• /usr/libexec/netpkg-functions, at or about line 144:

  • if [ $( echo "$url" | egrep -e "ftp:.*|http:.*|file:.*" ) ]; then
  • or about line 205:

  • if [ ! "$(echo $mirror | egrep 'http://|ftp://|file://')" ] ; then
  • /etc/netpkg.conf add another line such as

  • Internet_mirror = file:///var/packages
    Put a copy of PACKAGES.TXT.gz into /var/packages, and you've got a self-contained distribution.

    unsolved: multiple instantiation of mplayer, thunar, etc
    Perhaps because of multiple processors, there's currently a problem when using DVD's. Multiple instances of related applications appear, eg 2 x MPlayer or 2 x Thunar. Working around this by disabling automatic HAL events for the time being. Manually opening one instance of the application for now.

    Saturday, September 20, 2008

    Clickable JavaScript-less thumbnails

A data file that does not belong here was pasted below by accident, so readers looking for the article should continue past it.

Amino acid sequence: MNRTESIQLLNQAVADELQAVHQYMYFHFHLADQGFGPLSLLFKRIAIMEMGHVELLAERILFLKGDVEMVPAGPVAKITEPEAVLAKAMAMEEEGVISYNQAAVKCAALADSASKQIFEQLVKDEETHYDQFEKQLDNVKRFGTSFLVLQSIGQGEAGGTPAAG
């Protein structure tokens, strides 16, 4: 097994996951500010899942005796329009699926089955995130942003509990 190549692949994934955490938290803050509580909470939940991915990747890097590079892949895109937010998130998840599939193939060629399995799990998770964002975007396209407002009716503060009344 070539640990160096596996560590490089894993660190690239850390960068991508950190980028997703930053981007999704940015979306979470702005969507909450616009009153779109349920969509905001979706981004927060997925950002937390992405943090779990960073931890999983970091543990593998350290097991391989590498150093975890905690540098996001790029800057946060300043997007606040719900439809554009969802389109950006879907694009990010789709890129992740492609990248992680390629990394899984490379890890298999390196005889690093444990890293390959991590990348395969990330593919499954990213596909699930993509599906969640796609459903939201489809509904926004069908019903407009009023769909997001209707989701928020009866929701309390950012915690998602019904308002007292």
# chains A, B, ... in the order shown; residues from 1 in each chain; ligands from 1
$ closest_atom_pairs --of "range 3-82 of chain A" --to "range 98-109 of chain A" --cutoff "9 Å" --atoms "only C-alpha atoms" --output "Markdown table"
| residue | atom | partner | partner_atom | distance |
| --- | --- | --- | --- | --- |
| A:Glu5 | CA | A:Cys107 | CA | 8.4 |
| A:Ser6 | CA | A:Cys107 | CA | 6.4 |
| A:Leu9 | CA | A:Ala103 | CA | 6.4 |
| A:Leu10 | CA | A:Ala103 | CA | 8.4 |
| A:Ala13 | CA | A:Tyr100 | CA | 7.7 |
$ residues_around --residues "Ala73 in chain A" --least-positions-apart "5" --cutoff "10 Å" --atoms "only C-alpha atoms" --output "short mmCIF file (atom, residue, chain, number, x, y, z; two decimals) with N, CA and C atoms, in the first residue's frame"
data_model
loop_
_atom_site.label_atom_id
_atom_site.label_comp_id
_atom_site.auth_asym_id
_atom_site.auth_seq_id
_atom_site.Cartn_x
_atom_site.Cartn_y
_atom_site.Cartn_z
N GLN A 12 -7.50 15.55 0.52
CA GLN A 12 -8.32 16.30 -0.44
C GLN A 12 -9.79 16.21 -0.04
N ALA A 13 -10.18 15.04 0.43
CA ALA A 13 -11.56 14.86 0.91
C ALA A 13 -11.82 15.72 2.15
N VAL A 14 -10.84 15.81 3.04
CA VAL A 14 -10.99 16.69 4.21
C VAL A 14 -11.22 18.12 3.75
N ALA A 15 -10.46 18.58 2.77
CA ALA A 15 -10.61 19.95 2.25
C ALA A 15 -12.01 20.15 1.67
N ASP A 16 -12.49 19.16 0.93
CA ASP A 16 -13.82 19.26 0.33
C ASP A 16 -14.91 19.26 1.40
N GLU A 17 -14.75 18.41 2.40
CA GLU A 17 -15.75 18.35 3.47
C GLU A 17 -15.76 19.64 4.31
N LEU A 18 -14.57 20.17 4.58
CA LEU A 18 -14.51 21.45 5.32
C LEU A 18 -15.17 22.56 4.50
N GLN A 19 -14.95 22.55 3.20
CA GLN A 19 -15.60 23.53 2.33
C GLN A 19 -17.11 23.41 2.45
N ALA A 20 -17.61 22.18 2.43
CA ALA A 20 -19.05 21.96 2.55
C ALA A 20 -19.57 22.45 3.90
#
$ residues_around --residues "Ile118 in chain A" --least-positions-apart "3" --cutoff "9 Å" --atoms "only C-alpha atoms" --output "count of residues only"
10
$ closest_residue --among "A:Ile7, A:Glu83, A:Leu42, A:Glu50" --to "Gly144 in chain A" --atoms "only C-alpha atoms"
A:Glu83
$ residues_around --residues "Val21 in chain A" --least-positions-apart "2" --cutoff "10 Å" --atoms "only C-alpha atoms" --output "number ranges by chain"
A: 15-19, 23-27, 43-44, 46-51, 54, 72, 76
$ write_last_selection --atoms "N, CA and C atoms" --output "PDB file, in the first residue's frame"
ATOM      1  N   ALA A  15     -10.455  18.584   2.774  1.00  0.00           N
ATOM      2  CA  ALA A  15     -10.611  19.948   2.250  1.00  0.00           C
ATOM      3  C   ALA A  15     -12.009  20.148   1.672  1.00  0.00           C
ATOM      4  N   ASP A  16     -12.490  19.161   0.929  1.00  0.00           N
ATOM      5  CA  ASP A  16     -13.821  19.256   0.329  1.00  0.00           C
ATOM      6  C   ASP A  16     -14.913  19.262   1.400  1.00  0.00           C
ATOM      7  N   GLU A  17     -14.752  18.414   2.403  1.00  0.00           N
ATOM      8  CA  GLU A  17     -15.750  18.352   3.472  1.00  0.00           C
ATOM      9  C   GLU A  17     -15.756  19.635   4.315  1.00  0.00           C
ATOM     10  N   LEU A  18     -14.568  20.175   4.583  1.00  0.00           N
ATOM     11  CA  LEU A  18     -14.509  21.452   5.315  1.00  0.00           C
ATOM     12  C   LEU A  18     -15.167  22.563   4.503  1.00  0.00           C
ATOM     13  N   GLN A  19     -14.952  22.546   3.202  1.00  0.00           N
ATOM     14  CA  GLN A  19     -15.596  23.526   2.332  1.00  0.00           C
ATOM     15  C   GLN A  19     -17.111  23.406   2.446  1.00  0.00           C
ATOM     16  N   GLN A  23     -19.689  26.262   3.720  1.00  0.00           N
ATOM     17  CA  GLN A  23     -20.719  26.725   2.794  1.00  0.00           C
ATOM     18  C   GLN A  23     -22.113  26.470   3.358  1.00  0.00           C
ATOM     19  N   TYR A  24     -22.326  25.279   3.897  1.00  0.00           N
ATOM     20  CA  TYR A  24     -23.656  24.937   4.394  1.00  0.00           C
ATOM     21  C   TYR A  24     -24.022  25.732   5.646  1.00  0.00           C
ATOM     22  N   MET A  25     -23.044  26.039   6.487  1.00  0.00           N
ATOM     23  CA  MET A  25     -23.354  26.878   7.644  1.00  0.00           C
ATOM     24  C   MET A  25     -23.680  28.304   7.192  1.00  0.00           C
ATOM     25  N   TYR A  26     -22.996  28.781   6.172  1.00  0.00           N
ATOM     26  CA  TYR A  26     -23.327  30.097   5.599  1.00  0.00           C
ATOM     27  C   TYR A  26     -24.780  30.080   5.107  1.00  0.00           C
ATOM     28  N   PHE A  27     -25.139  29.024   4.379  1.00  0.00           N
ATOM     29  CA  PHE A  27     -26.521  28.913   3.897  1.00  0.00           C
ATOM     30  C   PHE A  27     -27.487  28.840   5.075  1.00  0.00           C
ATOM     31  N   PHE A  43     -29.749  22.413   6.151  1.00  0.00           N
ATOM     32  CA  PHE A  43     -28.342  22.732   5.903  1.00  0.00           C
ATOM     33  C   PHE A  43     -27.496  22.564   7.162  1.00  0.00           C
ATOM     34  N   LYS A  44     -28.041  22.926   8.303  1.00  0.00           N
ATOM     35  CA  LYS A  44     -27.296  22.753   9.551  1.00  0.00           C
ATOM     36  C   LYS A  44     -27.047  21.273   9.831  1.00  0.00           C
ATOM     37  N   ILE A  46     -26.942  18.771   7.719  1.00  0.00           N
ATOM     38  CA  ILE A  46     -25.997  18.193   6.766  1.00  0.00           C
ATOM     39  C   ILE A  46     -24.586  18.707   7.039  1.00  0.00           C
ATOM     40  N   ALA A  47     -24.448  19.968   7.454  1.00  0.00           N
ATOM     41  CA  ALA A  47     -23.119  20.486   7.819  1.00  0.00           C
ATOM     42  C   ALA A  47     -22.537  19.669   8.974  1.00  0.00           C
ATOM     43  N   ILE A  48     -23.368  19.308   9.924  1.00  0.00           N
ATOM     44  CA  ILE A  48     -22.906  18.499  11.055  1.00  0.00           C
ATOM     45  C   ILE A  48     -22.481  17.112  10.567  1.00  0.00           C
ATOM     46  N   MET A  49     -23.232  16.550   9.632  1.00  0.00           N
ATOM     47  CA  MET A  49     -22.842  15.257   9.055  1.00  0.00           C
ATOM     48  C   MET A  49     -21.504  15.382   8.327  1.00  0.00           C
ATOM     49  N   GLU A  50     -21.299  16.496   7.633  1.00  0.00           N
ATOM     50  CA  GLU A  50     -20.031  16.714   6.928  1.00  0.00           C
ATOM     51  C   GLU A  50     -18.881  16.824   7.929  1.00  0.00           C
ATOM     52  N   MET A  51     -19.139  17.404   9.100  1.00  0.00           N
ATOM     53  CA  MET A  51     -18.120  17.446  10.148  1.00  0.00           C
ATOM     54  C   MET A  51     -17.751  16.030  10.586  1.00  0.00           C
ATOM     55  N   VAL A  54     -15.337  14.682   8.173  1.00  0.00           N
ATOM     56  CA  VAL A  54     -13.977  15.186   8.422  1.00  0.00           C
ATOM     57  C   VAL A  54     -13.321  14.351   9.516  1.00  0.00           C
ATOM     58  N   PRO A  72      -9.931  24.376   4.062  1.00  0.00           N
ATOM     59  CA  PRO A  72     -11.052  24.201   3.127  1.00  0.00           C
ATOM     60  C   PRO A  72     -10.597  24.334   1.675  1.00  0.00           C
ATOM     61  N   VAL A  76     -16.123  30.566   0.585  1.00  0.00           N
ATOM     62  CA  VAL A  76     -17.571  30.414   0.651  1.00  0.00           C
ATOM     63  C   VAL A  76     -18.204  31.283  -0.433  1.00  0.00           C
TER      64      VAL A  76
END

A project required some clickable JPGs, and I somehow became determined to attempt it without the boggy overhead of JavaScript. The plan was to generate thumbnails with a Bash script and then manipulate the rest with Cascading Style Sheets (CSS).
    Note: At the bottom of the entry here, however, I found a lightweight and probably foolproof java script. Additionally, in the search for the CSS solution, I ran across a notable introductory CSS tutorial here, and one that explains how to create rounded corners here.

    thumbnail generation

    In lieu of a Bash script, I downloaded a small thumbnail generator application, jpgtn. It compiled but threw errors on first use:
    $ jpgtn -H -s 128 -d "./thumbs/" -p "tn_" *.jpg

    Using strace an unstated dependency on seemed to be the problem:
    access("/etc/", R_OK) = -1 ENOENT (No such file or directory)
    Although was indeed lacking, the module had long been deprecated. The problem was operator error: I specified "jpg" in the command, and that limited jpgtn to processing only files with a lowercase ".jpg" extension. Other extensions -- JPEG, jpeg, JPG, or even, TXT -- caused jpgtn to exit with an error. The program also exits with an error if a "thumbs" sub-folder has not previously been created. So, verified or renamed all the JPG's with a lowercase "jpg" extension, and created a "thumbs" subfolder, jpgtn processed the photos into "thumbs" very rapidly.

    mouseover text